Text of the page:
Proposal from European Commission to strengthen corporate sustainability reporting
Anne Adrain summarises the proposal issued by the European Commission to introduce greater consistency in sustainability reporting.
The European Commission (the Commission) has issued a proposal to revise the Non-financial Reporting Directive (NFRD) with a Corporate Sustainability Reporting Directive (CSRD) as a means of strengthening sustainability reporting.
The proposal is part of a package of measures aimed at directing investment towards more sustainable activities across the European Union.
The proposed CSRD will strengthen the existing rules introduced by the NFRD. It aims to create a framework set of rules that, in time, bring sustainability reporting on a par with financial reporting.
The scope of the CSRD will be expanded to extend the EU's sustainability reporting requirements to all large companies and all listed companies. This means that nearly 50,000 companies in the EU will now need to follow detailed EU sustainability reporting standards, an increase from the 11,000 companies that are subject to the existing requirements.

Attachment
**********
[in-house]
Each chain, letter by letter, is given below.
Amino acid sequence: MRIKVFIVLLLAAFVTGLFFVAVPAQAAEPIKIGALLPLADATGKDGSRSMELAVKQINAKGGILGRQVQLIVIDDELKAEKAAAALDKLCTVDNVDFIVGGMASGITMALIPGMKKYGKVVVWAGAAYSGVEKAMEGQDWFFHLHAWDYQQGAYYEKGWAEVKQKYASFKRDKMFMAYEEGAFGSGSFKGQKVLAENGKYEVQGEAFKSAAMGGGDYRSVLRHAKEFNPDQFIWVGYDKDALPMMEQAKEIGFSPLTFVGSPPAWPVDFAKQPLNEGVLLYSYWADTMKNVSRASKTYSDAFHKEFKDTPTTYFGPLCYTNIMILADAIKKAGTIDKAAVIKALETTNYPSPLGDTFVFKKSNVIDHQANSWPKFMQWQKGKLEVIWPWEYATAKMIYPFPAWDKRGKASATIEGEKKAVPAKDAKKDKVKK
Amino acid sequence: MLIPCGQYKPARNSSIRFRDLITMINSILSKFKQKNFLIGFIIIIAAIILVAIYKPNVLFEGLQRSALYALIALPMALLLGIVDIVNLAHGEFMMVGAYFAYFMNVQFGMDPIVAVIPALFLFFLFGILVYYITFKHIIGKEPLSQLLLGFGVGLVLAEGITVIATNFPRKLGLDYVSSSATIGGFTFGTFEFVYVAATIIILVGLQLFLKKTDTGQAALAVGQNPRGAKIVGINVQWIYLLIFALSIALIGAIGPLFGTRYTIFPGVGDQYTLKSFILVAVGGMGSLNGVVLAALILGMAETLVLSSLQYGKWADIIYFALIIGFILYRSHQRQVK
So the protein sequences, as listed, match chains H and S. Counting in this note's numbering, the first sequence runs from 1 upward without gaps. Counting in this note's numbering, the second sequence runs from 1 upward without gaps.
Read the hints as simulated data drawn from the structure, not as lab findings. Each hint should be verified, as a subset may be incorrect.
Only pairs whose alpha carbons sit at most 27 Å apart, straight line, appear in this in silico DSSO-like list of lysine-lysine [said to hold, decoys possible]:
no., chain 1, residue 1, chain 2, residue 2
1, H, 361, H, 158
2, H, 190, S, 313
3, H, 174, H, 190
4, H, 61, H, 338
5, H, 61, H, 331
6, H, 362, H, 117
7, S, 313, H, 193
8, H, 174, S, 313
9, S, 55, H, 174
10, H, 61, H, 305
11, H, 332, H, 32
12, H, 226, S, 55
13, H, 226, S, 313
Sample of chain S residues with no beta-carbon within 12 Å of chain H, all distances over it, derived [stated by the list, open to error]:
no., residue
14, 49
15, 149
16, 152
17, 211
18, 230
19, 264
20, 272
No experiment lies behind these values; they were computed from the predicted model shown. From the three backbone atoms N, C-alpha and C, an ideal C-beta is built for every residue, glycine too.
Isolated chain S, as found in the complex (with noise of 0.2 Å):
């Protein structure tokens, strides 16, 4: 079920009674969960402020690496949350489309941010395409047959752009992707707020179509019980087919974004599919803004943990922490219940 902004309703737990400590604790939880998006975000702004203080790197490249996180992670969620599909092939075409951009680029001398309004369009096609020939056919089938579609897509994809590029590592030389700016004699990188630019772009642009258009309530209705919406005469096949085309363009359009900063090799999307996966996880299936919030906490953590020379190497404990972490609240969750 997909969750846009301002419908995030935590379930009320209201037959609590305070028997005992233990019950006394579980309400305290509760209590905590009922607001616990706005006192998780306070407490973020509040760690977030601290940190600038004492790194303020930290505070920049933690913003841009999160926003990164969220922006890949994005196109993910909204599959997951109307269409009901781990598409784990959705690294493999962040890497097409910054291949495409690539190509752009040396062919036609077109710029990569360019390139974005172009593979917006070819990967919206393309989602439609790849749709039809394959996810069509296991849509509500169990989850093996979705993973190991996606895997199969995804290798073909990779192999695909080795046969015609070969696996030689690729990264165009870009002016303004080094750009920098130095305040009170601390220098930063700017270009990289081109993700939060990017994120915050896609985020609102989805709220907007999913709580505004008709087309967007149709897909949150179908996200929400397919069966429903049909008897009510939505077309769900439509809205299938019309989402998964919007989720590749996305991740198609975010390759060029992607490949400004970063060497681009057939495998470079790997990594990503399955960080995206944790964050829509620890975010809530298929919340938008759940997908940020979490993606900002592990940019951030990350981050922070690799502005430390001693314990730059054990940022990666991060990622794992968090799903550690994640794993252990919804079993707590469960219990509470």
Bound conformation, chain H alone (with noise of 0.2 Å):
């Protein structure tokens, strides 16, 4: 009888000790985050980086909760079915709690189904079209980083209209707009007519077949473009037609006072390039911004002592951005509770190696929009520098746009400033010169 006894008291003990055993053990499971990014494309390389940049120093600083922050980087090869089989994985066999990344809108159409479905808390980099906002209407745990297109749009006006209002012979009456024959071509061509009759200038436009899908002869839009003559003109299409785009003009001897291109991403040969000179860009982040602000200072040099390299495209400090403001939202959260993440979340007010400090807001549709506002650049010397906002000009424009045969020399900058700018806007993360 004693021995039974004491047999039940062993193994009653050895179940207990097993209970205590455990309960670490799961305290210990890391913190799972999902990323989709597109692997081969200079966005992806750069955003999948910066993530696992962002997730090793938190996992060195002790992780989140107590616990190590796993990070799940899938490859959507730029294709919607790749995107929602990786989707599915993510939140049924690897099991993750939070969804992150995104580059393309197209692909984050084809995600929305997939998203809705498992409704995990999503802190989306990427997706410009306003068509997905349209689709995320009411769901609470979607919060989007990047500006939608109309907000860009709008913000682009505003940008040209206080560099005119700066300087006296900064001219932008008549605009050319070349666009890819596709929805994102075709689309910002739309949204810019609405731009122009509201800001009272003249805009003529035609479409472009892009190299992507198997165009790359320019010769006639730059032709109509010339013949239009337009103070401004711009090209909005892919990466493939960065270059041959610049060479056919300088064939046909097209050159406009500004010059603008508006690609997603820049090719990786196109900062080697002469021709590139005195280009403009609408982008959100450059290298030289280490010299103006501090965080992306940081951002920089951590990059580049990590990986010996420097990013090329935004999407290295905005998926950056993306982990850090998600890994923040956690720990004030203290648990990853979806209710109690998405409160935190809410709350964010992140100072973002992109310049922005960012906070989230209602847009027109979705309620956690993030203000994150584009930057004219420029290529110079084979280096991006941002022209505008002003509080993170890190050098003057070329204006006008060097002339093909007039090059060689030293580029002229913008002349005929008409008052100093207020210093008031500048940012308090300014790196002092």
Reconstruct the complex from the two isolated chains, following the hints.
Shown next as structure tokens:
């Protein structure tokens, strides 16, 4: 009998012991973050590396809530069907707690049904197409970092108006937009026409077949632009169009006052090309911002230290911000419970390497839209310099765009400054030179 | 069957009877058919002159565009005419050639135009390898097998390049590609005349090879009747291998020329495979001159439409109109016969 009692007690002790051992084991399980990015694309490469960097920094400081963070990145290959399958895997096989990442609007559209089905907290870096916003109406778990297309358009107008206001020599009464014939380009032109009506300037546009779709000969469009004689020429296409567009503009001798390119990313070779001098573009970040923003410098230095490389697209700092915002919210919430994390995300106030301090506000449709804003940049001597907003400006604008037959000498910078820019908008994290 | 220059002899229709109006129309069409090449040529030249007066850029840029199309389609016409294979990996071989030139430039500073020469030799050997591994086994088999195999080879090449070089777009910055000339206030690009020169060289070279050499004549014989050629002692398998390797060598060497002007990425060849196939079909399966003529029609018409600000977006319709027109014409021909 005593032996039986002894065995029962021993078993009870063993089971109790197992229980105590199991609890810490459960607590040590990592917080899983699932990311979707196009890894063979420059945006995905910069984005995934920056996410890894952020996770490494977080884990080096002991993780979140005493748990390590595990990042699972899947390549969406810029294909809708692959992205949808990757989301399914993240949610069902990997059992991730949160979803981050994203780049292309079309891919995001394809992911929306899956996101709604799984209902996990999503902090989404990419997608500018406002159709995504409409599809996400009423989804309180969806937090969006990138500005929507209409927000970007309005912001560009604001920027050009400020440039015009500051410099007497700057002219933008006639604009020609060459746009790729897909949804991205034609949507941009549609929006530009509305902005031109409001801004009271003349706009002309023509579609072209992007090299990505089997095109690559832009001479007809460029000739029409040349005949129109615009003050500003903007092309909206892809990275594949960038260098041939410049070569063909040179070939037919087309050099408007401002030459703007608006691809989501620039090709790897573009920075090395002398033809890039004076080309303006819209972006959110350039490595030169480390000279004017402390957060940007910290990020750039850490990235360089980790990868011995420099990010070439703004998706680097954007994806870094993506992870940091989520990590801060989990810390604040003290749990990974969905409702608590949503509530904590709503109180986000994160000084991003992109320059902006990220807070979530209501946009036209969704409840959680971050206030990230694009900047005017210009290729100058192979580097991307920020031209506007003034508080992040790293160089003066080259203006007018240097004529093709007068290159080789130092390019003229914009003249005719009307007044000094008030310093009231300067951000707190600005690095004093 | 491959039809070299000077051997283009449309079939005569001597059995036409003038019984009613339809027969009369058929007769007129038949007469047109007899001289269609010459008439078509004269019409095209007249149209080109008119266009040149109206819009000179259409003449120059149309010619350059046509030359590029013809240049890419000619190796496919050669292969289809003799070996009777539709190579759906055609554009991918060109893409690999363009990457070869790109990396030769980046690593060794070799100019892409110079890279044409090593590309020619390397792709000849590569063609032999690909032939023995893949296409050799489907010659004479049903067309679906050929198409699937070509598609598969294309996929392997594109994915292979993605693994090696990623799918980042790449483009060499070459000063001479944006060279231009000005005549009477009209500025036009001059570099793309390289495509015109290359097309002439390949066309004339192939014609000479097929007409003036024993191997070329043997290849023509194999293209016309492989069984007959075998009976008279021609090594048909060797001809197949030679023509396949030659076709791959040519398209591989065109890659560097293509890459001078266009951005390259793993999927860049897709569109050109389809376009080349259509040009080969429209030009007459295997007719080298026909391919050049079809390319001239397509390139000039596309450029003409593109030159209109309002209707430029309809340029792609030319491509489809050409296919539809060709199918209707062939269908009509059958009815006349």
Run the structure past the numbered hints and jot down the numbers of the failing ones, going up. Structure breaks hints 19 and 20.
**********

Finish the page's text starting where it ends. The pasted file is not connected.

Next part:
The Commission also proposes the development of standards for large companies and separate, proportionate standards for SMEs, which non-listed SMEs can use voluntarily.
The proposal also requires companies within the scope to seek assurance over the sustainability information reported. It is envisaged that this will initially take the form of limited assurance but includes an option to move towards a reasonable assurance requirement at a later date.
Greater harmonisation in sustainability reporting
The proposal will also simplify the reporting process for companies. Many companies are currently under pressure to use an array of different sustainability reporting standards and frameworks. The proposed EU sustainability reporting standards should be a “one-stop-shop”, providing companies with a single solution that meets the information needs of investors and other stakeholders.
Overall, the proposal aims to ensure that companies report reliable and comparable sustainability information needed by investors and other stakeholders on how sustainability issues, such as climate change, affect their business and the impact of their activities on people and the environment. This clarifies the requirement for companies to apply the double materiality perspective in the information they report.
ICAS welcomes this move by the Commission as part of its ambition for greater comparability and consistency in sustainability reporting.